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SB-1059 Criminal proceedings: writ of habeas corpus.(2017-2018)

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Date Published: 02/12/2018 09:00 PM
SB1059:v99#DOCUMENT


CALIFORNIA LEGISLATURE— 2017–2018 REGULAR SESSION

Senate Bill No. 1059


Introduced by Senator Mendoza

February 12, 2018


An act to amend Section 1473 of the Penal Code, relating to criminal proceedings.


LEGISLATIVE COUNSEL'S DIGEST


SB 1059, as introduced, Mendoza. Criminal proceedings: writ of habeas corpus.
Existing law allows a person who is unlawfully imprisoned or restrained of his or her liberty to prosecute a writ of habeas corpus to inquire into the cause of his or her imprisonment or restraint. Existing law allows a writ of habeas corpus to be prosecuted for, but not limited to, false evidence that is substantially material or probative to the issue of guilt or punishment that was introduced at trial and false physical evidence that was a material factor directly related to the plea of guilty of the person.
This bill would make a technical, nonsubstantive change to these provisions.
Vote: MAJORITY   Appropriation: NO   Fiscal Committee: NO   Local Program: NO  

The people of the State of California do enact as follows:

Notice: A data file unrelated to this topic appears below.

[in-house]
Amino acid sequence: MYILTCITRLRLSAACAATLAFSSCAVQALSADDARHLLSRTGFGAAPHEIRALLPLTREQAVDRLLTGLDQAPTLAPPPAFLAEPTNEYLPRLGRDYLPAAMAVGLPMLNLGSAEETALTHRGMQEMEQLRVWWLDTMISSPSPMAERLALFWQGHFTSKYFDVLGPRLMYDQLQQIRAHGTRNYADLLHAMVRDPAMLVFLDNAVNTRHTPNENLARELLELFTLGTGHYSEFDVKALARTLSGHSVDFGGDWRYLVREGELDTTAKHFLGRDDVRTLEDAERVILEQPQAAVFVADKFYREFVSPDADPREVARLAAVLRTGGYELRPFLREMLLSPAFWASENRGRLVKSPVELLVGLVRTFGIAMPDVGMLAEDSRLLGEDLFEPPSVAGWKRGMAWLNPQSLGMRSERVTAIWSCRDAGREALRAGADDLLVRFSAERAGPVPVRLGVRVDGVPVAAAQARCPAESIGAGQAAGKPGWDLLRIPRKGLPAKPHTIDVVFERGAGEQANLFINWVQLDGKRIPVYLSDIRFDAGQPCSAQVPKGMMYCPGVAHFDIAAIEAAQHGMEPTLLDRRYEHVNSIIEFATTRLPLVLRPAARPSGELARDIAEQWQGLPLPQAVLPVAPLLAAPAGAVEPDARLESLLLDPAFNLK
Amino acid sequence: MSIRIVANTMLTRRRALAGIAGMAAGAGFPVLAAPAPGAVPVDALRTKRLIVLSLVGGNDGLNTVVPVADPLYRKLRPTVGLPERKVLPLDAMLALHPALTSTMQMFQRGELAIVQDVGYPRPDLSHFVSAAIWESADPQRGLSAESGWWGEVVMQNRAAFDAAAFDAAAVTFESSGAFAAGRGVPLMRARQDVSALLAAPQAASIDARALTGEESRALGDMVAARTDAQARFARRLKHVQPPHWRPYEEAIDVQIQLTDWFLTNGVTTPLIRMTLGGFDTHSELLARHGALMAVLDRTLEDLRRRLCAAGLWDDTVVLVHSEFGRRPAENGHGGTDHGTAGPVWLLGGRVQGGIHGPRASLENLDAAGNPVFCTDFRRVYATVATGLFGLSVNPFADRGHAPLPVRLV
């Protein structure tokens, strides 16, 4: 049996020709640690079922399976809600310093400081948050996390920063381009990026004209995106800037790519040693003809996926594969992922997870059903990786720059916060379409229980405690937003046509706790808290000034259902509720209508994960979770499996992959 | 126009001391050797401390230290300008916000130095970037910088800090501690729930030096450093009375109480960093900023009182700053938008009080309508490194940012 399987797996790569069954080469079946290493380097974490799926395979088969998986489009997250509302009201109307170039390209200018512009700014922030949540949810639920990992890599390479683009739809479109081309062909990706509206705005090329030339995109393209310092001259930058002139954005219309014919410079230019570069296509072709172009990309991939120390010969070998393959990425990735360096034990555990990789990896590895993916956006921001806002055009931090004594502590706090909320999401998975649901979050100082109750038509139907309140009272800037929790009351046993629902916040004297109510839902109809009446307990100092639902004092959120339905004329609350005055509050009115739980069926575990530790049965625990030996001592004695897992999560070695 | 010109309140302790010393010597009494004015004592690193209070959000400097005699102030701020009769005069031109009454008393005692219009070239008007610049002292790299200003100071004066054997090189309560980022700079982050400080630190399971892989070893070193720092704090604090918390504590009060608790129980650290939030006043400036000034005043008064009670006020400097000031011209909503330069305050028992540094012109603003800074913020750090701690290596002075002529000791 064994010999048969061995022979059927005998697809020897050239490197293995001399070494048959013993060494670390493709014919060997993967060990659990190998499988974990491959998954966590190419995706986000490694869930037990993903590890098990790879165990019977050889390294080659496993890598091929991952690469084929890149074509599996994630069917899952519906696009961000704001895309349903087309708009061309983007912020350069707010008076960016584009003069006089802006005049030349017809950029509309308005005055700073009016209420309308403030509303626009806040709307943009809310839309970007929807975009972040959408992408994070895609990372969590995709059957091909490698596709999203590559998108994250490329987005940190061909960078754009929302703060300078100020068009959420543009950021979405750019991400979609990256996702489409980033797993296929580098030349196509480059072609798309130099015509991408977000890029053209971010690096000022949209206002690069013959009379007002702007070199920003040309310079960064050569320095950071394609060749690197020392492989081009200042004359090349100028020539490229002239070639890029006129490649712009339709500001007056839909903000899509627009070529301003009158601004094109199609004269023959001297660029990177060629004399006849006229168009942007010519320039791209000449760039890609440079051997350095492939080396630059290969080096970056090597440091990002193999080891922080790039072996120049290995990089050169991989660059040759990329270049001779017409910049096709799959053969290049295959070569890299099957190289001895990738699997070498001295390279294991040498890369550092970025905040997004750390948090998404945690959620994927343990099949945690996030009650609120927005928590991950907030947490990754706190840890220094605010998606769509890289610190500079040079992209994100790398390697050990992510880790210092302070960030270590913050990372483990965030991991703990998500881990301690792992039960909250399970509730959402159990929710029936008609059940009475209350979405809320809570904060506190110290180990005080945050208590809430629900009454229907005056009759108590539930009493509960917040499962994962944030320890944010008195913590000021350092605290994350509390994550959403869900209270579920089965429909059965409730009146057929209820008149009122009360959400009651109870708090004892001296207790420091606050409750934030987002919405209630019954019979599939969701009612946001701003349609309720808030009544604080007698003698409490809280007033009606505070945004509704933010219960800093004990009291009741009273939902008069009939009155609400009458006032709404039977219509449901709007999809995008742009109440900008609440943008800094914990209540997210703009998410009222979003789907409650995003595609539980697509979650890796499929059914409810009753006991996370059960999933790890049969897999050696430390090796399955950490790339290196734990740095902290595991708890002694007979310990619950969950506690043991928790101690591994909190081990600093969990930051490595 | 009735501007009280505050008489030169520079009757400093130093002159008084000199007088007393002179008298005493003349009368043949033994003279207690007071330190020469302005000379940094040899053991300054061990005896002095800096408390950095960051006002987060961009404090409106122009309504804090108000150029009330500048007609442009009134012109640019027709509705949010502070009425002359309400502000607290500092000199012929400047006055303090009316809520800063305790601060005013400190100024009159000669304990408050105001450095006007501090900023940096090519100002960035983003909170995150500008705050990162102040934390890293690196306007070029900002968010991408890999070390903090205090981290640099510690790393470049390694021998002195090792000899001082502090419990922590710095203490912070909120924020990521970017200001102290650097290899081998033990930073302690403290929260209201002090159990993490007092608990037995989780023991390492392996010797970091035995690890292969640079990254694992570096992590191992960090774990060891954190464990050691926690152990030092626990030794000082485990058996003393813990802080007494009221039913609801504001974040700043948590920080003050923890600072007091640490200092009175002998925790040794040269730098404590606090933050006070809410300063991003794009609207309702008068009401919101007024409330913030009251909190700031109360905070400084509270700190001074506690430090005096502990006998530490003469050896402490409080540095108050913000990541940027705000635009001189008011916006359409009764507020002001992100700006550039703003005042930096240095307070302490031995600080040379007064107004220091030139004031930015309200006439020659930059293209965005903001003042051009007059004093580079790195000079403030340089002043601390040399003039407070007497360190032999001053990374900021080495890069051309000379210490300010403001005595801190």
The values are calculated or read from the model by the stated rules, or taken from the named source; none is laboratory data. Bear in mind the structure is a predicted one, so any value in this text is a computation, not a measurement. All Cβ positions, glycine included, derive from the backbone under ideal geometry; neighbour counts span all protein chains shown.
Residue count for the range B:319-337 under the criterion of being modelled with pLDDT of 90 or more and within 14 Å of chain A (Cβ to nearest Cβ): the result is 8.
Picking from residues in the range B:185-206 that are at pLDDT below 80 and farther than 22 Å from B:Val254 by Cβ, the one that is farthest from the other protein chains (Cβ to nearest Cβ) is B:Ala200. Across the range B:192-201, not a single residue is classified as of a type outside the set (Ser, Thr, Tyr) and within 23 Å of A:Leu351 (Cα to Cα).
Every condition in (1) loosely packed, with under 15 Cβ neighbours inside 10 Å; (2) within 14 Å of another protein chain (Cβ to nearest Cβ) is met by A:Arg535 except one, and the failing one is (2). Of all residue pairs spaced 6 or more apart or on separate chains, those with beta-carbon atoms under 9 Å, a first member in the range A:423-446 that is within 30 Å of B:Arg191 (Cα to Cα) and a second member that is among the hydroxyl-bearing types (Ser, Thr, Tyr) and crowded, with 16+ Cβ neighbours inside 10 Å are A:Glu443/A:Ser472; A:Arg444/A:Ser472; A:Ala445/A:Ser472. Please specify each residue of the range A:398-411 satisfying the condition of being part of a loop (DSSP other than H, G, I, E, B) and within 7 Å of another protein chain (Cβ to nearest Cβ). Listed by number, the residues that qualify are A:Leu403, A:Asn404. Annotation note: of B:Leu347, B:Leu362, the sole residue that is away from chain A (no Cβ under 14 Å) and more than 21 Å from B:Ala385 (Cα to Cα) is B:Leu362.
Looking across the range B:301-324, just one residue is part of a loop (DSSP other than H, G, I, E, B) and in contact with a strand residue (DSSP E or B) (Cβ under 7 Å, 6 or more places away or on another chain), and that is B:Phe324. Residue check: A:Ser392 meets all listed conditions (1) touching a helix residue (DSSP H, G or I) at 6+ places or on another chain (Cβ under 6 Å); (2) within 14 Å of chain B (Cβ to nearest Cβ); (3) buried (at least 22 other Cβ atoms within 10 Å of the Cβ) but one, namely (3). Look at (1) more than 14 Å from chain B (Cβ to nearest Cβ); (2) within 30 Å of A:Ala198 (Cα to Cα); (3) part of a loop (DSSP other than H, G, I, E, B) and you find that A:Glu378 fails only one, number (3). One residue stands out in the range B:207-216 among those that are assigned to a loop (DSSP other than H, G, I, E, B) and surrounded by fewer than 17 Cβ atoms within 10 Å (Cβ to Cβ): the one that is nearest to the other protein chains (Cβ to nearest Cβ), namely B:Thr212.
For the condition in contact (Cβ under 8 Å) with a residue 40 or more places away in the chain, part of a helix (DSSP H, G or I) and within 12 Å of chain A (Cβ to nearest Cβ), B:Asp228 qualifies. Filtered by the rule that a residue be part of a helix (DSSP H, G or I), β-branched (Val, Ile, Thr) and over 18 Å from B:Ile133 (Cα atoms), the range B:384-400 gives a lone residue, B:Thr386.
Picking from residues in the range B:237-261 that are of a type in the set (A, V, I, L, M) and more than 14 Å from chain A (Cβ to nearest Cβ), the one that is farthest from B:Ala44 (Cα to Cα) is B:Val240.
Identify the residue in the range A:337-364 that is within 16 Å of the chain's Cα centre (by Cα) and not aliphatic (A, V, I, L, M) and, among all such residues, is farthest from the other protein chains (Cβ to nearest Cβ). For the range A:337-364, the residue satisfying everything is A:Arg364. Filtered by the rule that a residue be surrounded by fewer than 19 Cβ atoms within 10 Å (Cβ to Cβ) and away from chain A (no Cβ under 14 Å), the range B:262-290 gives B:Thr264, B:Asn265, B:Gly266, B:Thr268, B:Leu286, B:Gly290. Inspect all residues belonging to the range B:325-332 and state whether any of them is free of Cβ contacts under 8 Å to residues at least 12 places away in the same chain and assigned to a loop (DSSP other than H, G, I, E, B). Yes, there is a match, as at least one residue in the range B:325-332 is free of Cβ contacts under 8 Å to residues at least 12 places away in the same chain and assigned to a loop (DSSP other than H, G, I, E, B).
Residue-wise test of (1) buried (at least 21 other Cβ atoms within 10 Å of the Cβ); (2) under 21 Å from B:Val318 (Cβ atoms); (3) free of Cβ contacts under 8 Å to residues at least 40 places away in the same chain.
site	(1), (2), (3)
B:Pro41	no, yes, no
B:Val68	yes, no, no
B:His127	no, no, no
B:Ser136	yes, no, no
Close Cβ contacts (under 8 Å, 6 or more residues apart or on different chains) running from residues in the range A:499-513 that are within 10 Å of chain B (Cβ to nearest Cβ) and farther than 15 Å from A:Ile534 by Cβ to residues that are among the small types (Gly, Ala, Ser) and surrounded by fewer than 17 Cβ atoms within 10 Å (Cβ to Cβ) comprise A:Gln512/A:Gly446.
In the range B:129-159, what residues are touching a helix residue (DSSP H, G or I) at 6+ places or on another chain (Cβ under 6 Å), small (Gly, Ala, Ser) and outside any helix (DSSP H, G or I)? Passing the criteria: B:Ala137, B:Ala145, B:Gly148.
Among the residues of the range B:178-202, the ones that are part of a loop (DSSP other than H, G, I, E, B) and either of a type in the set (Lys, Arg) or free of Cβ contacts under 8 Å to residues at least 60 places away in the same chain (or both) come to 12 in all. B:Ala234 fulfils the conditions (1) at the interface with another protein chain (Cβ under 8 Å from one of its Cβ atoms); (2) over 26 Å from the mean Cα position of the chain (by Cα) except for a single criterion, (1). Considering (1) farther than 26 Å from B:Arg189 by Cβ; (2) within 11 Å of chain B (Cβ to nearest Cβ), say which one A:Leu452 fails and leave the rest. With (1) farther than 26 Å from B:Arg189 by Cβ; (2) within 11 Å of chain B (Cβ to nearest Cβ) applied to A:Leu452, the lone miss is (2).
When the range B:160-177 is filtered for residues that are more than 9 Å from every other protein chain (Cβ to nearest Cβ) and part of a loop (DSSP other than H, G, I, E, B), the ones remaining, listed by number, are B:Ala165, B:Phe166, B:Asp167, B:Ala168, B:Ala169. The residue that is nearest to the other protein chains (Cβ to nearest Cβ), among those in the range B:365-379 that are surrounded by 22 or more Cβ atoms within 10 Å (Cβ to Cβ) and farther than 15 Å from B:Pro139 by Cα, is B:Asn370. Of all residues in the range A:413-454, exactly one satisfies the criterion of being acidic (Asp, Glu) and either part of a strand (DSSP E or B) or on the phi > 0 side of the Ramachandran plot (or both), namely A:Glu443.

SECTION 1.

 Section 1473 of the Penal Code is amended to read:

1473.
 (a) A person who is unlawfully imprisoned or restrained of his or her liberty, under any pretense, may prosecute a writ of habeas corpus to inquire into the cause of his or her imprisonment or restraint.
(b) A writ of habeas corpus may be prosecuted for, but not limited to, the following reasons:
(1) False evidence that is substantially material or probative on the issue of guilt or punishment was introduced against a person at a hearing or trial relating to his or her incarceration.
(2) False physical evidence, believed by a person to be factual, probative, or material on the issue of guilt, which was known by the person at the time of entering a plea of guilty, which was a material factor directly related to the plea of guilty by the person.
(3) (A) New evidence exists that is credible, material, presented without substantial delay, and of such decisive force and value that it would have more likely than not changed the outcome at trial.
(B) For purposes of this section, “new evidence” means evidence that has been discovered after trial, that could not have been discovered prior to trial by the exercise of due diligence, and is admissible and not merely cumulative, corroborative, collateral, or impeaching.
(c) Any allegation that the prosecution knew or should have known of the false nature of the evidence referred to in paragraphs (1) and (2) of subdivision (b) is immaterial to the prosecution of a writ of habeas corpus brought pursuant to paragraph (1) or (2) of subdivision (b).
(d) This section does not limit the grounds for which a writ of habeas corpus may be prosecuted or preclude the use of any other remedies.
(e) (1) For purposes of this section, “false evidence” includes opinions of experts that have either been repudiated by the expert who originally provided the opinion at a hearing or trial or that have been undermined by later scientific research or technological advances.
(2) This section does not create additional liabilities, beyond those already recognized, for an expert who repudiates his or her original opinion provided at a hearing or trial or whose opinion has been undermined by later scientific research or technological advancements.